I admit it: I can be a bit of a book snob.
If a series is ridiculously popular, I tend to turn my back on it. It look me forever to read Harry Potter (a good read but not great) and Lord of the Rings (one of my all-time favorites). I hated picking up a James Patterson novel (and hated every word), and I still haven't read Twilight.
But this year I'm trying to read books that are on "classics" lists; I've found some much-loved friends there, like A Tale of Two Cities and Middlemarch, but little Anne of Green Gables has always been at the bottom of my list, for multiple reasons.
Number One: I'm not all that fussed about children. Don't get me wrong, I'm all for kids. But I don't have much patience for drawn out tale of how your toddler found a stick in the yard. So a book about a talkative little orphan just didn't hold any appeal.
Number Two: The people who like the series annoy the hell out of me. In middle school, girls did their hair in braids and talked of finding their very own Gilbert. Even in college I knew girls who would "always spell Anne with an e." It's giving "30-year old asking if you're Hufflepuff or Ravenclaw" vibes. Or t-shirts with "Team Edward" bedazzled on the back.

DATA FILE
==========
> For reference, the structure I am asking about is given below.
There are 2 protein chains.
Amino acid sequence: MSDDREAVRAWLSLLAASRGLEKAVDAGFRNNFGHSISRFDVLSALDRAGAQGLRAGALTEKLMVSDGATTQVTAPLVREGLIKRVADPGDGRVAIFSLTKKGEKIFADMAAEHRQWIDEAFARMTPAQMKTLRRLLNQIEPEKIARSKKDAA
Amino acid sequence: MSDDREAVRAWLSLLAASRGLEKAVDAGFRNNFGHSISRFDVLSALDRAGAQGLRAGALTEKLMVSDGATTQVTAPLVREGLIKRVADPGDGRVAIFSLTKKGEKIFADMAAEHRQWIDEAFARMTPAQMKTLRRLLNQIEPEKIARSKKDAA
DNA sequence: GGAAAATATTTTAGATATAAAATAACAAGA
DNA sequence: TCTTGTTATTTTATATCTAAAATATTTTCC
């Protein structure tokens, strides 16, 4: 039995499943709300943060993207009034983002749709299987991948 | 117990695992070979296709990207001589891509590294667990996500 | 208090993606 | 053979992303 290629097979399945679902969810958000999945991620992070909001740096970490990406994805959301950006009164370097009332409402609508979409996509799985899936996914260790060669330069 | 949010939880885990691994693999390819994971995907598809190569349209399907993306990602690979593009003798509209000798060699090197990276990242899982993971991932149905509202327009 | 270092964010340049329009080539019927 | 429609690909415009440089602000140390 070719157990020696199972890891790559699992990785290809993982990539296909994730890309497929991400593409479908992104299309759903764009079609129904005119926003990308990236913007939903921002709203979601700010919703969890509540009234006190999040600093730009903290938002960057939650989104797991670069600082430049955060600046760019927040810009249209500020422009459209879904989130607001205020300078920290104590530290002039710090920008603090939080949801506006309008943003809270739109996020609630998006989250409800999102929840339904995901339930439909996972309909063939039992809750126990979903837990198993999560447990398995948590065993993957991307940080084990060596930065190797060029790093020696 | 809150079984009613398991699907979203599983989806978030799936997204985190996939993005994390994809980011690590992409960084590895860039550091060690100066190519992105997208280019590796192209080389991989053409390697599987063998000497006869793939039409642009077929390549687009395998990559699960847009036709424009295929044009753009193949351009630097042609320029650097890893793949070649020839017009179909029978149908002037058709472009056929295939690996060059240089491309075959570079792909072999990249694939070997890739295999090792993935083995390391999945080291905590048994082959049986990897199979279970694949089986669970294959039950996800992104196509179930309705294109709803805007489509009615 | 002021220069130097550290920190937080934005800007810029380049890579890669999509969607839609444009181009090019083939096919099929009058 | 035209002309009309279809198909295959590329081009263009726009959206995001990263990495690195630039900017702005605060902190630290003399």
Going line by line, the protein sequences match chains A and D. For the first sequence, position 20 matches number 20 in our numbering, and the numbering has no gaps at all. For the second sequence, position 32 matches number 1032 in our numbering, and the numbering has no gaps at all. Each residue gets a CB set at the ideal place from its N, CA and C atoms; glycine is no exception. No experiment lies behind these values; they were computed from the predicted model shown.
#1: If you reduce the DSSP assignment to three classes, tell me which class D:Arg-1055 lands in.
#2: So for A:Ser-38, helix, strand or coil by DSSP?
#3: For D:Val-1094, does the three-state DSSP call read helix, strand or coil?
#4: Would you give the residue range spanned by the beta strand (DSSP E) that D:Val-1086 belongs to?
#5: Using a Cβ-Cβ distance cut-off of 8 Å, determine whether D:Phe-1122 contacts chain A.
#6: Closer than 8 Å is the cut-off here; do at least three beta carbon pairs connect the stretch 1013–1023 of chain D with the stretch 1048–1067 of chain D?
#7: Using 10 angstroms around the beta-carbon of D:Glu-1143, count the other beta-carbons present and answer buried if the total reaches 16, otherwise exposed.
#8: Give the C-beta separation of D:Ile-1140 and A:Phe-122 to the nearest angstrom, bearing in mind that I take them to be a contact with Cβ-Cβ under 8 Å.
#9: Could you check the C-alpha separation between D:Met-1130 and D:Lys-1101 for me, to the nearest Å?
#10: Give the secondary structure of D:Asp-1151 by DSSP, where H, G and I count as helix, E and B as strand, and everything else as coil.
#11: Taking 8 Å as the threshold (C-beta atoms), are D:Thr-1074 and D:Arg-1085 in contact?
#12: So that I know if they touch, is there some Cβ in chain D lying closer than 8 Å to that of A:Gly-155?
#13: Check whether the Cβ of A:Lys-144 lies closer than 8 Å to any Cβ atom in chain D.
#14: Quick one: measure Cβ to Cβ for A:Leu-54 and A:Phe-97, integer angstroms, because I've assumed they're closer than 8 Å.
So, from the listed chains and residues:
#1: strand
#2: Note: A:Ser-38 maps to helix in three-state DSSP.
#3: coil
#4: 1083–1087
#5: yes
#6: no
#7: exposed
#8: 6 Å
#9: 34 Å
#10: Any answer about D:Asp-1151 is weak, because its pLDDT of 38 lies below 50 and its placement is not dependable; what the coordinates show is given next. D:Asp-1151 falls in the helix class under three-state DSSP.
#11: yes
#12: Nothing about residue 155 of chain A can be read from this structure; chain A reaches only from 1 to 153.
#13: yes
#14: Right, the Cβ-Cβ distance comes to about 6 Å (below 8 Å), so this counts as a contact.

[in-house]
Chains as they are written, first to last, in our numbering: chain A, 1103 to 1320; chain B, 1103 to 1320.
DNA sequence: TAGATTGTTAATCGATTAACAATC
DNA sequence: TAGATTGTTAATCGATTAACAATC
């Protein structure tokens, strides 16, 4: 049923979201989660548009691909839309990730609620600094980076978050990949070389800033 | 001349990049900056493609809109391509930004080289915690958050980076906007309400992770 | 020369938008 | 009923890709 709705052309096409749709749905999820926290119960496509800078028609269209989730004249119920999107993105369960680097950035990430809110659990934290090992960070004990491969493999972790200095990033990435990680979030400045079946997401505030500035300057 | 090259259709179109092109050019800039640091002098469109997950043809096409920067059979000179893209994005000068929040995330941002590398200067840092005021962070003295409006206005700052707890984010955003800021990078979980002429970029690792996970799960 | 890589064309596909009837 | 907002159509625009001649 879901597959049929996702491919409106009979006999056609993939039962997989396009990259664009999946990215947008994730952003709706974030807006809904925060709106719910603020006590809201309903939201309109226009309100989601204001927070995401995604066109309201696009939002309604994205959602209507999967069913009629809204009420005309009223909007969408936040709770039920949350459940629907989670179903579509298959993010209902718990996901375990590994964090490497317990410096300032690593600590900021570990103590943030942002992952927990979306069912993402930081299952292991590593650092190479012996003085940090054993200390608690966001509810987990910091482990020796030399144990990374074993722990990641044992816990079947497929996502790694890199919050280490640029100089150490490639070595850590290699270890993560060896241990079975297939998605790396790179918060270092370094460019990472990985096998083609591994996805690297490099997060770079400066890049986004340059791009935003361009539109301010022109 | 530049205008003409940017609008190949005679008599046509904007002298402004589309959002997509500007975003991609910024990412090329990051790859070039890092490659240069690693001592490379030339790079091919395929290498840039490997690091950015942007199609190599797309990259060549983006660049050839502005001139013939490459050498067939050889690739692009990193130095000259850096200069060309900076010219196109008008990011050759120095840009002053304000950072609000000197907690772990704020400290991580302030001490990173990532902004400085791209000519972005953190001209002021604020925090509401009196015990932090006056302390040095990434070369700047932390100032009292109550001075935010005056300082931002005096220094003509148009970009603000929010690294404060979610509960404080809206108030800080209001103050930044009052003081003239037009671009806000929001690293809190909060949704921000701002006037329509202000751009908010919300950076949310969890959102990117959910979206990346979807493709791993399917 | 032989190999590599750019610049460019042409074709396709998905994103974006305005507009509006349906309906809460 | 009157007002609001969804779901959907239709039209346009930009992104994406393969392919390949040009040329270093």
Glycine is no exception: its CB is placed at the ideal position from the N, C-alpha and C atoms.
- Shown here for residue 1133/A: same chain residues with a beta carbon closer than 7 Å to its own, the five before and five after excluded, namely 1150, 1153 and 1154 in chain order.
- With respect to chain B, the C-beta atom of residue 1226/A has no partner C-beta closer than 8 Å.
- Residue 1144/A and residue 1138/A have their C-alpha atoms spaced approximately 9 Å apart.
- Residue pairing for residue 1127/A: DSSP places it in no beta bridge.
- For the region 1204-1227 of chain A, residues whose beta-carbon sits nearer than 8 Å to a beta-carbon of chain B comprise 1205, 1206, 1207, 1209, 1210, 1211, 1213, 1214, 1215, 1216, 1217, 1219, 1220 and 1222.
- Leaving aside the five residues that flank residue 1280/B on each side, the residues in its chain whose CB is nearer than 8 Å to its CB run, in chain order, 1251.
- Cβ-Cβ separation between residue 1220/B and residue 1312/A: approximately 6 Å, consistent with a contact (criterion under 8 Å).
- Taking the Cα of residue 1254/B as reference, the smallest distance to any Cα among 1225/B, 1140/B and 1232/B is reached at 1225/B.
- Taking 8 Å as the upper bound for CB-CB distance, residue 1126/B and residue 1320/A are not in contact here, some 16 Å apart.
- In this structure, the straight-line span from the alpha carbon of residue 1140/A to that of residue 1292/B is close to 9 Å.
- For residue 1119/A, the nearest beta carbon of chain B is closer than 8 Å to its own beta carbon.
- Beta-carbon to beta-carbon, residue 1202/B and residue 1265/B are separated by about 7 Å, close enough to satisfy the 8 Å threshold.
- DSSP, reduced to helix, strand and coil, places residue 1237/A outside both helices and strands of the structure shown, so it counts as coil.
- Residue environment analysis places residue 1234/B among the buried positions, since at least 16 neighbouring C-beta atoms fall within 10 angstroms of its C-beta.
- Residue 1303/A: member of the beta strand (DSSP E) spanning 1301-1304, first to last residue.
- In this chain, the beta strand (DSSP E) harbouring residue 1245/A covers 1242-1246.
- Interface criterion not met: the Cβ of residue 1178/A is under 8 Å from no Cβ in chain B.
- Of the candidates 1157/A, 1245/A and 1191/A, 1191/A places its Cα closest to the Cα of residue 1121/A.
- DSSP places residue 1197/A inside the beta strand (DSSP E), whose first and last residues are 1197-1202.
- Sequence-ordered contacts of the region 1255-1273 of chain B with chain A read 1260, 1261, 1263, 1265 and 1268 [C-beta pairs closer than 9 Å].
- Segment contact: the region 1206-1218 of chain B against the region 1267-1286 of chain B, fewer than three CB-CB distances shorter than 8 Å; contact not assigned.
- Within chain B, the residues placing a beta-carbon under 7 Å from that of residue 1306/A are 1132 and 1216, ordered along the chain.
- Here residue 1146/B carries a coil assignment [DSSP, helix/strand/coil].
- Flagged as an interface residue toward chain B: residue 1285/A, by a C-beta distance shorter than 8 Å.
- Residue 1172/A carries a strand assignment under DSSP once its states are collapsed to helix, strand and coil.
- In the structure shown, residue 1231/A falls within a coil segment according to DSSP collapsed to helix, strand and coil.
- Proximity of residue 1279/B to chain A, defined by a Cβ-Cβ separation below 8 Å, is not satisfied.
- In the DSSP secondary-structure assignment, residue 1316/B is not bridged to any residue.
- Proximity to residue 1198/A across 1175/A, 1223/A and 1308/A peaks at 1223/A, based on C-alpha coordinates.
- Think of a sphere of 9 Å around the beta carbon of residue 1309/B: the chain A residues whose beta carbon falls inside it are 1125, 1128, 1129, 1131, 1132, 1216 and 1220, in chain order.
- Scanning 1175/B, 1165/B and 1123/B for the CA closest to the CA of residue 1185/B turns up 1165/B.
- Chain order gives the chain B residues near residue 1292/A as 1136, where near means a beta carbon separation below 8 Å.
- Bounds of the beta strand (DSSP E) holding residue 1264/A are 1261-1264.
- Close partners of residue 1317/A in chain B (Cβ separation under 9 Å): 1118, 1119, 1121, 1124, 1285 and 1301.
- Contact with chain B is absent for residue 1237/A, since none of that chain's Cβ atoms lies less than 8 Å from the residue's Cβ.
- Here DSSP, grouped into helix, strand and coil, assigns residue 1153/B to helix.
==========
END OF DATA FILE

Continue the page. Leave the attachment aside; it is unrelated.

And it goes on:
(I warned you about being snobbish. I never want to judge anyone for liking something, especially when that something is a book. Yet I always find myself peeved when the love of a thing tends to eclipse the person's whole personality.)
Anyway. I finally picked up Anne of Green Gables...and read all 8 novels within 2 weeks.
I won't be braiding my hair anytime soon, but I'll hold a special place for Anne for awhile to come. I almost gave up on the fourth page of the first book, when Anne goes into a monologue about the dazzling lake water and angelic violets. But I stuck with it (another thing I'm trying to do in my reading journey this year) and found myself enthralled.
It's not the type of series I'd recommend to most people; it's incredibly old-fashioned, simplistic, and light-hearted. The way characters dote on nature earned an eye roll or two. But the central point of each book is to never extinguish the natural curiosity and light that so many children have; to see the beauty all around us; and to endeavour to be kind, and good, whenever possible.
Imagine the tone of Ted Lasso set in Wuthering Heights, and you'll get the idea. I think if I'd read this a few years ago, I would have tossed it aside as shallow. But I've learned to value simplicity and kindness lately, and Anne sure knows how to capture that feeling.